Rebecca Minkoff And The ‘Store Of The Future’
As the Millennial-favorite label looks to launch a fashion-tech VC fund, its founders discussed why investing in in-store experiences makes sense of retailers of all stripes.
Designer Rebecca Minkoff is set to launch a fashion tech venture capital firm with Quotidian Ventures in order to identify new tech talent — a move likely aimed at nurturing the kind of startups and tech enterprises that enabled Minkoff to create the Rebecca Minkoff connected flagship stores back in early 2015.
Rebecca Minkoff and CEO & co-founder Uri Minkoff, her brother, took the stage alongside Quotidan Venture’s Pedro Torres-Mackie at the National Retail Federation’s “Big Show” to discuss the new project. But while a fashion designer entering the world of tech funding might seem unorthodox, the project was actually born out of the same struggle facing physical businesses of all stripes: How can retailers create a store experiences that truly engages today’s connected consumer?
Minkoff, a Millennial herself, may have found part of the answer in her connected “store of the future” concept. The privately-held company operates fewer than 20 stores worldwide — though accessories are also sold through some department stores — allowing a more narrow focus on designing immersive digital experiences.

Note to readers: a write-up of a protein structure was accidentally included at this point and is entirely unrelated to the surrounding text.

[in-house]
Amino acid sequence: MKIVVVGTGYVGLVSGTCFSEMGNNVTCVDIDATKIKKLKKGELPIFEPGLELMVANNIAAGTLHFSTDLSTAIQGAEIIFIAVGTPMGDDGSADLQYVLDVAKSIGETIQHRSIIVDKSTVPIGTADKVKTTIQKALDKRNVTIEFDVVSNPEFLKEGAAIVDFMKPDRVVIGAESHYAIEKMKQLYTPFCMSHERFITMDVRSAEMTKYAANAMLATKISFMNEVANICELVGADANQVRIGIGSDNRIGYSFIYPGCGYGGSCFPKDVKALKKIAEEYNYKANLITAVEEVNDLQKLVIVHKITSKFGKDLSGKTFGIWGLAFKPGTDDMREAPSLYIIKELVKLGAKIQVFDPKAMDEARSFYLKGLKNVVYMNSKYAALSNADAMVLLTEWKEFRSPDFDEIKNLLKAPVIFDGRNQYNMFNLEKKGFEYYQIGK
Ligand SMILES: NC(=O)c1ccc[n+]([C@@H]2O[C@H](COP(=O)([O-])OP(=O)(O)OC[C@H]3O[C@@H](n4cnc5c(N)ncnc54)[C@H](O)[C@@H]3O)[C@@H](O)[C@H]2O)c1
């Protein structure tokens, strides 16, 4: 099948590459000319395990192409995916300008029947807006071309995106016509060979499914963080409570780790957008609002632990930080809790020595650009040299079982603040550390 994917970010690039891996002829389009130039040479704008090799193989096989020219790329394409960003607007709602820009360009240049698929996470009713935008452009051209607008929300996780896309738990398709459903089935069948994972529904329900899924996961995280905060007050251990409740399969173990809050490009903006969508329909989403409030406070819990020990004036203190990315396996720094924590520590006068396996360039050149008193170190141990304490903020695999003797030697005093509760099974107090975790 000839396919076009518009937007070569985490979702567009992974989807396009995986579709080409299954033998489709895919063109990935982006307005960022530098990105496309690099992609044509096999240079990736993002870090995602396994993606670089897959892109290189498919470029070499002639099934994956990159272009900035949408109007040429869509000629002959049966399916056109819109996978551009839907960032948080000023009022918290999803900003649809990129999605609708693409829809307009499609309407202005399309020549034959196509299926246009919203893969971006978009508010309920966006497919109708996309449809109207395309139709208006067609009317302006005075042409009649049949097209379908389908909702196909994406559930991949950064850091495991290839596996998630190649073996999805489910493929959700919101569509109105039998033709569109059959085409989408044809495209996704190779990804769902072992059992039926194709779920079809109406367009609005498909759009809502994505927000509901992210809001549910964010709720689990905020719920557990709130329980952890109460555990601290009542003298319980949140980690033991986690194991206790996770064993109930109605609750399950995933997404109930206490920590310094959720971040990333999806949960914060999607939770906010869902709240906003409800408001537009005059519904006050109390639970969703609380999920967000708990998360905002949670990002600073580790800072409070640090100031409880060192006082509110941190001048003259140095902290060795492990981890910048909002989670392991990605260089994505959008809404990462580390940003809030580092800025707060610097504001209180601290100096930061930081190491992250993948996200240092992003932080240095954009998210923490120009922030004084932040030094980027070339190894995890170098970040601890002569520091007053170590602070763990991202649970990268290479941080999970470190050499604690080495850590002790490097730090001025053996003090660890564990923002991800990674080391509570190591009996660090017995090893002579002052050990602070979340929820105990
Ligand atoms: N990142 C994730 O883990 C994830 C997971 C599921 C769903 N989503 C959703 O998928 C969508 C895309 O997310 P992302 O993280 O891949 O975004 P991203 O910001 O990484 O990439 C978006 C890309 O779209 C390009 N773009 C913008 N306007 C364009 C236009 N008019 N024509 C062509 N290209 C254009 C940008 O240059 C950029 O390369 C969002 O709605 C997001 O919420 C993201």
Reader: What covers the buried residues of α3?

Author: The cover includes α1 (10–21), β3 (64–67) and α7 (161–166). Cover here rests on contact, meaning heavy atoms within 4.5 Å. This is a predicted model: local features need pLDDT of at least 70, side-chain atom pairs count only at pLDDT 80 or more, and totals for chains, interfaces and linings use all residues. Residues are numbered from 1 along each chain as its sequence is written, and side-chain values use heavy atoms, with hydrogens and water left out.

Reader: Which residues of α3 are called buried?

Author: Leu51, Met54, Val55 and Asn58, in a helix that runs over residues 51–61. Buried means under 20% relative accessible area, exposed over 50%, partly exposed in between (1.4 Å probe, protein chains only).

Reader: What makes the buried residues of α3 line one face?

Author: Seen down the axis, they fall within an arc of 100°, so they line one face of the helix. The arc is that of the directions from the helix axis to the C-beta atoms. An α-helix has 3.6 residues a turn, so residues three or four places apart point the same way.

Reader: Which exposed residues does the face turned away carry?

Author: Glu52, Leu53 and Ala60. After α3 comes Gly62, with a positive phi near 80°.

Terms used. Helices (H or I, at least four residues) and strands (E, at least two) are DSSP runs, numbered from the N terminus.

The connected stores feature smart walls that suggest new styles when customers enter the space, smart mirrors in dressing rooms that allow shoppers to browse for other sizes or save their shopping activity for the future, and more. The Minkoff siblings developed the store concept a little over two years ago, likely in partnership with the same kind of tech entities that the new VC fund hopes to back.
“Back in 2014, we [tried] to ask, ‘what will the store of the future be?’ How could we take the best of the ecommerce experience and bring it into the store?” Uri Minkoff explained in the panel discussion. “What were the human elements that were uncomfortable shopping in store that [are solved] online? The first part [we came up with] is that everything was RFID tagged. Basically, when you walk into the fitting room, everything that you brought into the fitting room is there on the fitting room mirror. You can order things brought to the fitting room right from in there; all the communication is done via touch.”
As “traditional” brick-and-mortar retailers revamp their physical spaces and build omnichannel strategies in hopes of reversing a sales downturn and achieving the sort of success experienced by online-to-offline pioneers — like Blue Nile, which created physical showrooms with digital “extras” from the best of its ecommerce experience — it’s possible that more will turn to partnerships with the sort of retail-focused, connected tech startups that the Minkoffs are fostering.
“It’s really been a phenomenal experience for us for the last two years,” Uri Minkoff said. “We’re looking forward to the [next] step.”